A 52-Week Photo Journey

… Mary Nell Moore's Photography


Week 39 – #22. In The Trees

On the little one-lane street where my Tennessee mountain home is located are many large pines and hardwoods. As I was strolling the street a few days ago, I noticed the Wisteria winding its way upward in the trees. Springtime in Tennessee is a beautiful time of year and it seemed to me that it was more beautiful this Spring than in years past. The large purple and white blossoms filled the air with their sweet fragrance and as I stood there, I looked around at the beautiful nature surrounding me and realized how blessed I am. Feeling more artistic than usual, I used a Topaz filter and a Faststone mask for the processing.
In The Trees DSC_0548



Week 38 – #10 Framed

The Walnut Street Bridge in Chattanooga was erected in 1890 and served as a passageway from the City across the Tennessee River to the North Shore until 1978, when it was put out of service due to disrepair. It remained dormant for nearly ten years until it was repaired and put back into service as one of the World’s longest pedestrian walking bridges at 2,376′ long. The bridge is enjoyed by locals and visitors on a daily basis as an avenue for exercise, an opportunity to enjoy beautiful views and as a means to walk to and from work. It is now a happy place but back in 1906 that was not the case. For you see, it was in that year a place of sadness; a place where a Mother and Father lost a son; and a place which for years would bring a lot of controversy and shame to a young man who in his last breath declared his innocence as he was hanged from the second span. Ninety-four years later, a Chattanooga criminal judge reviewed the case and declared the young man innocent of the crime to which he was charged. After you read his story here, you can decide for yourself whether or not you think he was guilty, innocent or perhaps framed by a group of men who took the law into their own hands.
Framed DSC_0490


Week 36 – #20. I Wish I Could/I’m Sorry I Did

While in NYC last December, there was one photo I had in mind involving light painting that I did not want to leave without taking. Let me preface this by saying little did I know that the temperature would be low 20’s in the City, not to mention what it would be down by the waterfront with the freezing wind blowing off of the water…in the teens! Did that stop me? No. Off I went with fellow photographer, Mindy Towns, to capture my photo. Honestly, I’m sorry I did and I wish I could have waited until Springtime when the weather would be more pleasant. With my teeth chattering, blurry eyes as a result of tears running down my cheeks, toes frozen, flashlight ready and fingers so numb I could not feel the shutter release button, I pressed it quickly only once without looking through my viewfinder. Grabbing our equipment, we ran as fast as possible in our frozen state up to the street corner to hail a cab to take us back to the City and our warm apartment. Those of you who know us can visualize this scene, can’t you? Imagine my disappointment when I transferred my photos to my computer for viewing! In my near death state from being almost frozen, I was much too quick and left off part of what I wanted to photograph…part of the “U” and all of the “L.” When we return later this year, I will go back and re-take my photo…much better this time and more than one frame! Lesson learned!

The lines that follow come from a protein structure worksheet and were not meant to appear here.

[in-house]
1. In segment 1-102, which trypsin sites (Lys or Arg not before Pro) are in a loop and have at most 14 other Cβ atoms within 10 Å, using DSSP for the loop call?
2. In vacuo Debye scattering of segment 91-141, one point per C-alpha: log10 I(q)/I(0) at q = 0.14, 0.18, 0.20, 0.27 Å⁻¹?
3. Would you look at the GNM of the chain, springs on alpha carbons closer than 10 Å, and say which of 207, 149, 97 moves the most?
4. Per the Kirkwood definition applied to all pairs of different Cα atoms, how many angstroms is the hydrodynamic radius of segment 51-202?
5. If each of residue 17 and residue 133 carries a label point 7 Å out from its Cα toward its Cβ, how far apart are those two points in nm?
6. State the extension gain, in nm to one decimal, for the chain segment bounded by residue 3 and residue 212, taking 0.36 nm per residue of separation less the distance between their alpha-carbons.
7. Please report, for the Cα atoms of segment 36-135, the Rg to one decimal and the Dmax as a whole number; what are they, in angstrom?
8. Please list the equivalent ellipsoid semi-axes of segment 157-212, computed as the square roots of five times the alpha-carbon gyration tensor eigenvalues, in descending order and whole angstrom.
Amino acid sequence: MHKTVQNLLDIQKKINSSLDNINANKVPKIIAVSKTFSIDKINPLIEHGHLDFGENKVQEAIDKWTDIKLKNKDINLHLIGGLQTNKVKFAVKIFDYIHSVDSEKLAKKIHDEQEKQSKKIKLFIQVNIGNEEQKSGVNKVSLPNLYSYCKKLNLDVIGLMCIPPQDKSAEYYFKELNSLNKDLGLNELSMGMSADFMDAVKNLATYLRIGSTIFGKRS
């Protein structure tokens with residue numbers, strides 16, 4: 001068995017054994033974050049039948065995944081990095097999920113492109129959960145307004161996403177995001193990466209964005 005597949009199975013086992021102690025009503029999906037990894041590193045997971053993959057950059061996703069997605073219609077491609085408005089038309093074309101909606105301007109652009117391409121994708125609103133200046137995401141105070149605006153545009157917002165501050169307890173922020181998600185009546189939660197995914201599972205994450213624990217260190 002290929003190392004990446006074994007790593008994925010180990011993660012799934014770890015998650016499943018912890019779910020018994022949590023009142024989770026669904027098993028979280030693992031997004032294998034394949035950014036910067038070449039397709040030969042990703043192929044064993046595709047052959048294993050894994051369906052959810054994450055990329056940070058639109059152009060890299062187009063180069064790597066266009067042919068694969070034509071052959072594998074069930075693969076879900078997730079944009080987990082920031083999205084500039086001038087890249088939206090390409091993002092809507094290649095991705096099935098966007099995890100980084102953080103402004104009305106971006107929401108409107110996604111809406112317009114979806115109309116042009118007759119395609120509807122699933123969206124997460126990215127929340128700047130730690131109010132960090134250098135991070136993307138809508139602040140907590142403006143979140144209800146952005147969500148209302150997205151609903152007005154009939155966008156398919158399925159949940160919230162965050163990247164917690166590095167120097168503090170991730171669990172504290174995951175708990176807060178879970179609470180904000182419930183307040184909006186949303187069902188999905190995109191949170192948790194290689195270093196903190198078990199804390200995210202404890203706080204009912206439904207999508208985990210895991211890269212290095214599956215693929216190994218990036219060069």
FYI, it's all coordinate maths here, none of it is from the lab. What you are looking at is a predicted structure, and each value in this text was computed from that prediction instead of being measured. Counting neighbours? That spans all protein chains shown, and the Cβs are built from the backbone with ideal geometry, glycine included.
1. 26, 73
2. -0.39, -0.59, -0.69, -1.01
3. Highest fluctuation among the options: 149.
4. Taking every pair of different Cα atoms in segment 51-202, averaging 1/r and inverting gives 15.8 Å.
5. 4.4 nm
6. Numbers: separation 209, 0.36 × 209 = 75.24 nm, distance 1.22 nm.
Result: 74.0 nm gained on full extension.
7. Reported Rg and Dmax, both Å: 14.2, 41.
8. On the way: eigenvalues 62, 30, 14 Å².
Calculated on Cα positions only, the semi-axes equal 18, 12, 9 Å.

Week 35 – #45. That’s So Funny

Definition of Forced Perspective: Forced perspective is a technique that employs optical illusion to make an object appear farther away, closer, larger or smaller than it actually is. It is used primarily in photography, filmmaking and architecture. It manipulates human visual perception through the use of scaled objects and the correlation between them and the vantage point of the spectator or camera.

While on a recent photo field trip, Patricia, Mindy and I, along with a male partner in crime, Bob, elected to use a bottle of Ketchup and a rug as props in order to pull off some funny photos. The four of us came up with some very funny ways in order to satisfy the forced perspective theme, almost always with Bob as the center of attention (poor Bob!), but when going through all of the photos taken that day, I think these two are the ones that will make you say, “That’s so funny!”